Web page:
Understanding the interactions that link diet to cancer

Colorectal cancer (CRC) leads to ≈600,000 deaths globally each year and is one of the major causes of death in the western world. In the UK it is the fourth most common cancer with ~40,000 new cases diagnosed each year (Cancer Research UK). 

The major CRC risk factors are diet, family history and other medical conditions. For example patients with inflammatory bowel diseases (IBDs), such as colitis or Crohn's disease, have a 3-5 fold greater risk of developing CRC. It is therefore a concern that the ~1 in 200 prevalence rate of IBD in the western world is rising, which is at least in part due to diet.

One of the many factors that contribute to the initiation and progression of CRC is inflammation. Inflammation can support tumour development, both directly and indirectly, and tumours can promote a chronic inflammatory environment that results in immunosuppression, which benefits the tumour.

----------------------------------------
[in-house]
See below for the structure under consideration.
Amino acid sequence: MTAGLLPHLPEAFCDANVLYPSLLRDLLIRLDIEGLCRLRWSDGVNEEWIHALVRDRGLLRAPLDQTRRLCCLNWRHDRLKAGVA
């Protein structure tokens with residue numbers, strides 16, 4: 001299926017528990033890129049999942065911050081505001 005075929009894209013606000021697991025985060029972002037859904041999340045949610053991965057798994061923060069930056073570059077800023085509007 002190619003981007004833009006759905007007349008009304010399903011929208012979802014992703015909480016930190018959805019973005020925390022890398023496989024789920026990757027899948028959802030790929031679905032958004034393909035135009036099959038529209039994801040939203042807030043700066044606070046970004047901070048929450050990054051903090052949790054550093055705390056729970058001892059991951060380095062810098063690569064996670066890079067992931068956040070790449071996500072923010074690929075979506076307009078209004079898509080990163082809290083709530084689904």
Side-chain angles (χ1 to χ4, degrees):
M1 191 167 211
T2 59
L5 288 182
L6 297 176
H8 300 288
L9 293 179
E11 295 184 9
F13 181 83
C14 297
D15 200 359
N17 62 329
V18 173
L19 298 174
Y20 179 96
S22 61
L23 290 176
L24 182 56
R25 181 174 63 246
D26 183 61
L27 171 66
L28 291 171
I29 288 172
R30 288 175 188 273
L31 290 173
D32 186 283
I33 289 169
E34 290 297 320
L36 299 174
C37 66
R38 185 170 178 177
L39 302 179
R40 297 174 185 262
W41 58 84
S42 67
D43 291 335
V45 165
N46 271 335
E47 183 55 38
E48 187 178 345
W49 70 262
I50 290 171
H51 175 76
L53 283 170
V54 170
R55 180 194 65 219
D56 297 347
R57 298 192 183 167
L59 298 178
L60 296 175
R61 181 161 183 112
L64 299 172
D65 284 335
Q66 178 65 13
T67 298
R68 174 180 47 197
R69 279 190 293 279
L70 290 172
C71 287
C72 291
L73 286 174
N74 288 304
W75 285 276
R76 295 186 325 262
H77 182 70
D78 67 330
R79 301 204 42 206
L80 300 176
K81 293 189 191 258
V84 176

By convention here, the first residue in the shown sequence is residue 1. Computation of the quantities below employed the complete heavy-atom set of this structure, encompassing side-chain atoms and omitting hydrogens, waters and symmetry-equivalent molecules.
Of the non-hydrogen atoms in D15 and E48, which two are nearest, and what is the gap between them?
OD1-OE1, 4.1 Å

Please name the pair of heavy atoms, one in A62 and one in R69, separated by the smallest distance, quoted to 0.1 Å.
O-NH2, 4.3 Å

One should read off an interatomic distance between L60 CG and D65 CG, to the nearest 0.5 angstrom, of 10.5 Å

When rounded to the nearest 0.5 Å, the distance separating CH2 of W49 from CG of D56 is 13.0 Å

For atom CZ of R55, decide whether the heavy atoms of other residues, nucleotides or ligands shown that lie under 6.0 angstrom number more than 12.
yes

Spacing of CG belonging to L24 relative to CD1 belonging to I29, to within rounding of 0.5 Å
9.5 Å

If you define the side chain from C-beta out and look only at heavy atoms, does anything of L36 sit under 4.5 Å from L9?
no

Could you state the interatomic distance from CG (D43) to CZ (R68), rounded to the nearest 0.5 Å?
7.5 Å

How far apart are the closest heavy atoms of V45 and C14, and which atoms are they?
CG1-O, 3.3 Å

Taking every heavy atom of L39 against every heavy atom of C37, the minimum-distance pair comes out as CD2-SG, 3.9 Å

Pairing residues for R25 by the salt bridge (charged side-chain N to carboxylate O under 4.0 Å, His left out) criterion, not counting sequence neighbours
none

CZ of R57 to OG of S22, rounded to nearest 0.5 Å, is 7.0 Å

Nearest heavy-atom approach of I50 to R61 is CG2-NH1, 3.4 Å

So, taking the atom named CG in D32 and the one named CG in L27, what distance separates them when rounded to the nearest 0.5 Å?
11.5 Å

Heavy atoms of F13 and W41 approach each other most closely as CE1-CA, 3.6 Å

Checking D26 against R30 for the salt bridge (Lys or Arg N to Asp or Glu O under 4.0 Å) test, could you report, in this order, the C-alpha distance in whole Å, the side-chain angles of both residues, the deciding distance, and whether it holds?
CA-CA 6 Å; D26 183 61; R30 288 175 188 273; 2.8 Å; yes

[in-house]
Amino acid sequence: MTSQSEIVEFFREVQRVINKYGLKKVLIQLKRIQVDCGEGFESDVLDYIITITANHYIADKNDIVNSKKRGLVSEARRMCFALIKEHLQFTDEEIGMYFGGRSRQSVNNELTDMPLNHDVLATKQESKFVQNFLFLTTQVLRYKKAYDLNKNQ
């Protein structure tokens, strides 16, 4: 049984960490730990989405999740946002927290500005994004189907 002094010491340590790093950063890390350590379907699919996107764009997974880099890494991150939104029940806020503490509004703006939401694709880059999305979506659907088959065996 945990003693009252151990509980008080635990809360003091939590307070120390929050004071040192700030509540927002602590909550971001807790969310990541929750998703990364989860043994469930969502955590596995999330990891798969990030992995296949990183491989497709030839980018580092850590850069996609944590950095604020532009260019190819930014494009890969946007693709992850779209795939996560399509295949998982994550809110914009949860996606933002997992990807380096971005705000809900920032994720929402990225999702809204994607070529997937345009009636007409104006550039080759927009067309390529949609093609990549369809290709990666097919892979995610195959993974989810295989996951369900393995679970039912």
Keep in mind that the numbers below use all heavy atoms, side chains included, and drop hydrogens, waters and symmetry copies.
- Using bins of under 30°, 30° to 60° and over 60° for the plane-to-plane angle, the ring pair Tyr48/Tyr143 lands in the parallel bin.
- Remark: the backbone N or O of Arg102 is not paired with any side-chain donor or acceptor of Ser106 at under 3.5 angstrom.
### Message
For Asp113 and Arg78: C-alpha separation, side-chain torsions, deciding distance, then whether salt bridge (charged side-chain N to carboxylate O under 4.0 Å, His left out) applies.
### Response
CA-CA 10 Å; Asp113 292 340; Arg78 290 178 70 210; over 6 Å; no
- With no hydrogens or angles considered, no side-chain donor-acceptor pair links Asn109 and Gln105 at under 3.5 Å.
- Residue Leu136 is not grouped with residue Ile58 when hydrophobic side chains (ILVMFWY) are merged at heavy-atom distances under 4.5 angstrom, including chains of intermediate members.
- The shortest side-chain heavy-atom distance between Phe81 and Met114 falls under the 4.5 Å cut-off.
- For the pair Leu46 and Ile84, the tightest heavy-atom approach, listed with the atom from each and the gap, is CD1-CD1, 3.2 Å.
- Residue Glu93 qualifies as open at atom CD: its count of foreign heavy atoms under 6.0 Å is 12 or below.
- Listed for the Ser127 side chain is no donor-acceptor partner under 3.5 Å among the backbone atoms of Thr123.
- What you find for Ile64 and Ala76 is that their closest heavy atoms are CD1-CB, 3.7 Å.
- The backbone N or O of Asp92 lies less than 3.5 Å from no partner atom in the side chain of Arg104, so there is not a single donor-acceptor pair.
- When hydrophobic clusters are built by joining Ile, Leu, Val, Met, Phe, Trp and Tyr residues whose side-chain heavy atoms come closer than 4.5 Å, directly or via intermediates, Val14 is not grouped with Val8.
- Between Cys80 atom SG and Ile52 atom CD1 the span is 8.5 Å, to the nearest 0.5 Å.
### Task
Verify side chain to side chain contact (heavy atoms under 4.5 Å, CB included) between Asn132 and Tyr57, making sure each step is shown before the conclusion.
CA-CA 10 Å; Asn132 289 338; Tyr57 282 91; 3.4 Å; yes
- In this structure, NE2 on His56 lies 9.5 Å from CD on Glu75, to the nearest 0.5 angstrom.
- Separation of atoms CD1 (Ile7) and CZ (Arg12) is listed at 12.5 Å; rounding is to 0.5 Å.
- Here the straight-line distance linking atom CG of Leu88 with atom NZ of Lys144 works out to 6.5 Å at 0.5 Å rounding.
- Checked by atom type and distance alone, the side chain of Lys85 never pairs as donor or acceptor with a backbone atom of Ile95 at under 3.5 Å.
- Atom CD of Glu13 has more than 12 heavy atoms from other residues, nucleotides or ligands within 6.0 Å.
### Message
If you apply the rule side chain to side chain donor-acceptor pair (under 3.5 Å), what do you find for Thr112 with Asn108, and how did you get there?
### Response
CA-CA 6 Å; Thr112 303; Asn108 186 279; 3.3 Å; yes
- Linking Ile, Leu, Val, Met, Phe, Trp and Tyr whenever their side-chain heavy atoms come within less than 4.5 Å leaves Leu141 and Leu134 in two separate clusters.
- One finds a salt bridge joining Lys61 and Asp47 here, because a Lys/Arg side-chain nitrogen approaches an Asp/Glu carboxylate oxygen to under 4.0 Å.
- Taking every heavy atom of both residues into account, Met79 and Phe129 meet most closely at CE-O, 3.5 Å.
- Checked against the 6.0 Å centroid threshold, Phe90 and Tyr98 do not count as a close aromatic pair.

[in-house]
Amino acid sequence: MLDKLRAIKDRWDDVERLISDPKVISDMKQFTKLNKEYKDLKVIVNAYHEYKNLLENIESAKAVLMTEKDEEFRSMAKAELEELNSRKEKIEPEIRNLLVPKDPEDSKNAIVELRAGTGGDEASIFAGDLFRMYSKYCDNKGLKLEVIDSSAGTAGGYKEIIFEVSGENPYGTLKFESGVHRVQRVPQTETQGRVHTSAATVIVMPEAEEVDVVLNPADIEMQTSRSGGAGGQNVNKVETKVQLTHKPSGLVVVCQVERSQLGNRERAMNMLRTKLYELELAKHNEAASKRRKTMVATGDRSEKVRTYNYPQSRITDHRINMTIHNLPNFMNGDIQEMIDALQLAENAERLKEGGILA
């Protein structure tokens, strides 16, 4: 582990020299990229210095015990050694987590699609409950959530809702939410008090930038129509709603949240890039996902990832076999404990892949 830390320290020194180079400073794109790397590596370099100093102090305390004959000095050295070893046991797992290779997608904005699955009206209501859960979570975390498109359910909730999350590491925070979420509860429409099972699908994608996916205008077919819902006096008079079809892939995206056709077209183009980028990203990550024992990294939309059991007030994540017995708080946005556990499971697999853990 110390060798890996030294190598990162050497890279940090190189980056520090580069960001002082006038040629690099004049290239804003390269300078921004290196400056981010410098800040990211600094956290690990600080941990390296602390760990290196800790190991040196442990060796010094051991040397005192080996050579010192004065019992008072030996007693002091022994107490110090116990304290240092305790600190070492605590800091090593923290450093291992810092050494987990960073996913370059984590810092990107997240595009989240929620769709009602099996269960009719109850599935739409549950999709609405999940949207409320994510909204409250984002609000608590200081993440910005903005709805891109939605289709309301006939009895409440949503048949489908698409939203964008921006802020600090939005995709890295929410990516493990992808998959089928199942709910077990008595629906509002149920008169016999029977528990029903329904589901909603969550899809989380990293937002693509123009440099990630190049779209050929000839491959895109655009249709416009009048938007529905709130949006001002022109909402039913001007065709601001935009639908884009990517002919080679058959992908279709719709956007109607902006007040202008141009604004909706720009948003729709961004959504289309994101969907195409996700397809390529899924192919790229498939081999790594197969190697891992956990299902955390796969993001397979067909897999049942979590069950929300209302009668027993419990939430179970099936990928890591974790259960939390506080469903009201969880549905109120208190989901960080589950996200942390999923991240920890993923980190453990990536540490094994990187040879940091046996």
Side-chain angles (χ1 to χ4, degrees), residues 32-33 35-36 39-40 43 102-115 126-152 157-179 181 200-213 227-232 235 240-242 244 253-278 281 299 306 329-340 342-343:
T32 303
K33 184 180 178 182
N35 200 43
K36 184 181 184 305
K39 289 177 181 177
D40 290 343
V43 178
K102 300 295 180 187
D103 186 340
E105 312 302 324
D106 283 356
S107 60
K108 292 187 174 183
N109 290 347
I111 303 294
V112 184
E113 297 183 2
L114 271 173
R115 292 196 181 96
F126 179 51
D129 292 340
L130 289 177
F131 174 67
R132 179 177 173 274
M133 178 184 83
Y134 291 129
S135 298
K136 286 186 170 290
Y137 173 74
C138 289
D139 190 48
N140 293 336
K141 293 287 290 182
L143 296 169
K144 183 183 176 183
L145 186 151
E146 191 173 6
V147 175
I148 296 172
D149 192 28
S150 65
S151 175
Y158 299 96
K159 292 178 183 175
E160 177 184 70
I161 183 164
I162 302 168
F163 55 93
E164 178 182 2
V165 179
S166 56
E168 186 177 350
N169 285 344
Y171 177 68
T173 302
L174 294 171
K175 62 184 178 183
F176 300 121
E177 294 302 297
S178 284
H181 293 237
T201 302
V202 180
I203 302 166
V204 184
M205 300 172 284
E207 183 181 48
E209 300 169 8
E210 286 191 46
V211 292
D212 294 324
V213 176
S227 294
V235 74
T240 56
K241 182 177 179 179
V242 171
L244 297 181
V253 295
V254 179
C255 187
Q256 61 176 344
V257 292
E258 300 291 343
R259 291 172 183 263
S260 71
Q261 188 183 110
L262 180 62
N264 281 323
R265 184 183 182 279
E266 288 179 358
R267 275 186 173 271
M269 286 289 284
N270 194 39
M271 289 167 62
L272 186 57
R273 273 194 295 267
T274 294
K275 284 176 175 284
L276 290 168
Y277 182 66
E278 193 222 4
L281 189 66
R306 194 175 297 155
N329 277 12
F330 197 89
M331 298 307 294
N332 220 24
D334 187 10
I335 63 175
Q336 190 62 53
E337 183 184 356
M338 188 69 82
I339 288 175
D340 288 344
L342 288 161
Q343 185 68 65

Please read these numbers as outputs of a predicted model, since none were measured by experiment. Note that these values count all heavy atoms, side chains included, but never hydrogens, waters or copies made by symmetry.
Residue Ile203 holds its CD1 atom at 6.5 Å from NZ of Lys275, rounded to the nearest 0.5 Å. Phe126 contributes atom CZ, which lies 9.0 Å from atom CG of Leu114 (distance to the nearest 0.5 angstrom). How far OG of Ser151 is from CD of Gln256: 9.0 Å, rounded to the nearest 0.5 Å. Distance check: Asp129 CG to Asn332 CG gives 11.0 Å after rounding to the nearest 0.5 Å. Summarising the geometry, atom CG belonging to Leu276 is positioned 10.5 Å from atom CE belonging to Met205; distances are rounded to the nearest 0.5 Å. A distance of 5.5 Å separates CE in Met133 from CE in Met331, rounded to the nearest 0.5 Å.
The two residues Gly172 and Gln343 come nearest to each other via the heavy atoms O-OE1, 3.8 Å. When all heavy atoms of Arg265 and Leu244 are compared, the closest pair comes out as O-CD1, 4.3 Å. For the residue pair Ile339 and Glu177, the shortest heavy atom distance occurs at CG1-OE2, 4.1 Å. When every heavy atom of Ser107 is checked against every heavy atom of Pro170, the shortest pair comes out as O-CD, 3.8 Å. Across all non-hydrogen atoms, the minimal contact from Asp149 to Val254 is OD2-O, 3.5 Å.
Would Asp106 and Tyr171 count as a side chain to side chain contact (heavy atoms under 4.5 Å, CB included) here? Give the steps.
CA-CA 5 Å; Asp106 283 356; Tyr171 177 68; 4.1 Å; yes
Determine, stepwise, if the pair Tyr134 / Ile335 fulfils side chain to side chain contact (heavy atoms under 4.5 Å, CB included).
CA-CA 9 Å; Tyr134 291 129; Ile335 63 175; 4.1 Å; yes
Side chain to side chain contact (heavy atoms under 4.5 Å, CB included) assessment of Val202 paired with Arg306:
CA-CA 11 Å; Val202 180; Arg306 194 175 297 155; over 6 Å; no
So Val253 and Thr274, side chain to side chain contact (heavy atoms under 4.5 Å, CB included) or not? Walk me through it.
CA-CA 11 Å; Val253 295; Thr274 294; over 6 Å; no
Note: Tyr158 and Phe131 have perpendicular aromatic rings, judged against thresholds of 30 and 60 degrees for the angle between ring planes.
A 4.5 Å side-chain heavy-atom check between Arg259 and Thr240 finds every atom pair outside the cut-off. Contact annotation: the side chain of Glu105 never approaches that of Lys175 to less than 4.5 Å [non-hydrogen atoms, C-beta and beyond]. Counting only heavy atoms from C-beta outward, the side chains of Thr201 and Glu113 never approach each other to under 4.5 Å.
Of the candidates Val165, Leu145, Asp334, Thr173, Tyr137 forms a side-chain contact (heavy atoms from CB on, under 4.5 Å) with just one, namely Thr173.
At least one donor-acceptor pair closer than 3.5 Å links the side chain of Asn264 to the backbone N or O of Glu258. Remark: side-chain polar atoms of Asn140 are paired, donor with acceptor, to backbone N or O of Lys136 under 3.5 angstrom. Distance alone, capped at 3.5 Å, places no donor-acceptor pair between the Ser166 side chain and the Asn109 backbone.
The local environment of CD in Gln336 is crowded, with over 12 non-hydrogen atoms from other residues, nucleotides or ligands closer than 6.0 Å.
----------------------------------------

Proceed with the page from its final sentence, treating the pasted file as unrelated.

It is well documented that CRCs evolve through loops of deregulated inflammatory stimuli which are sustained by DNA damage signalling pathways and epigenetic re-modelling (DNA methylation). Intensive work in recent years has led to the identification of genes and mechanisms that link diet to changes in the gut microbiota that alter DNA methylation patterns. These alterations drive inflammatory/immune responses which interact with intestinal stem cell and can prevent or promote intestinal disease and cancer. However, to date no studies address all those elements simultaneously. The synergic analysis of such parameters could provide new biological insights and effective biomarkers that could have applications in prevention, molecular diagnosis, prognosis and treatment of intestinal disease and CRC.

Thus, to complement the current reductionist approaches, which examine each of the interacting factors in isolation, there is a requirement for a more holistic approach to unravel how these factors interact. My research focuses on understanding the common mechanisms which link the environment to intestinal disease.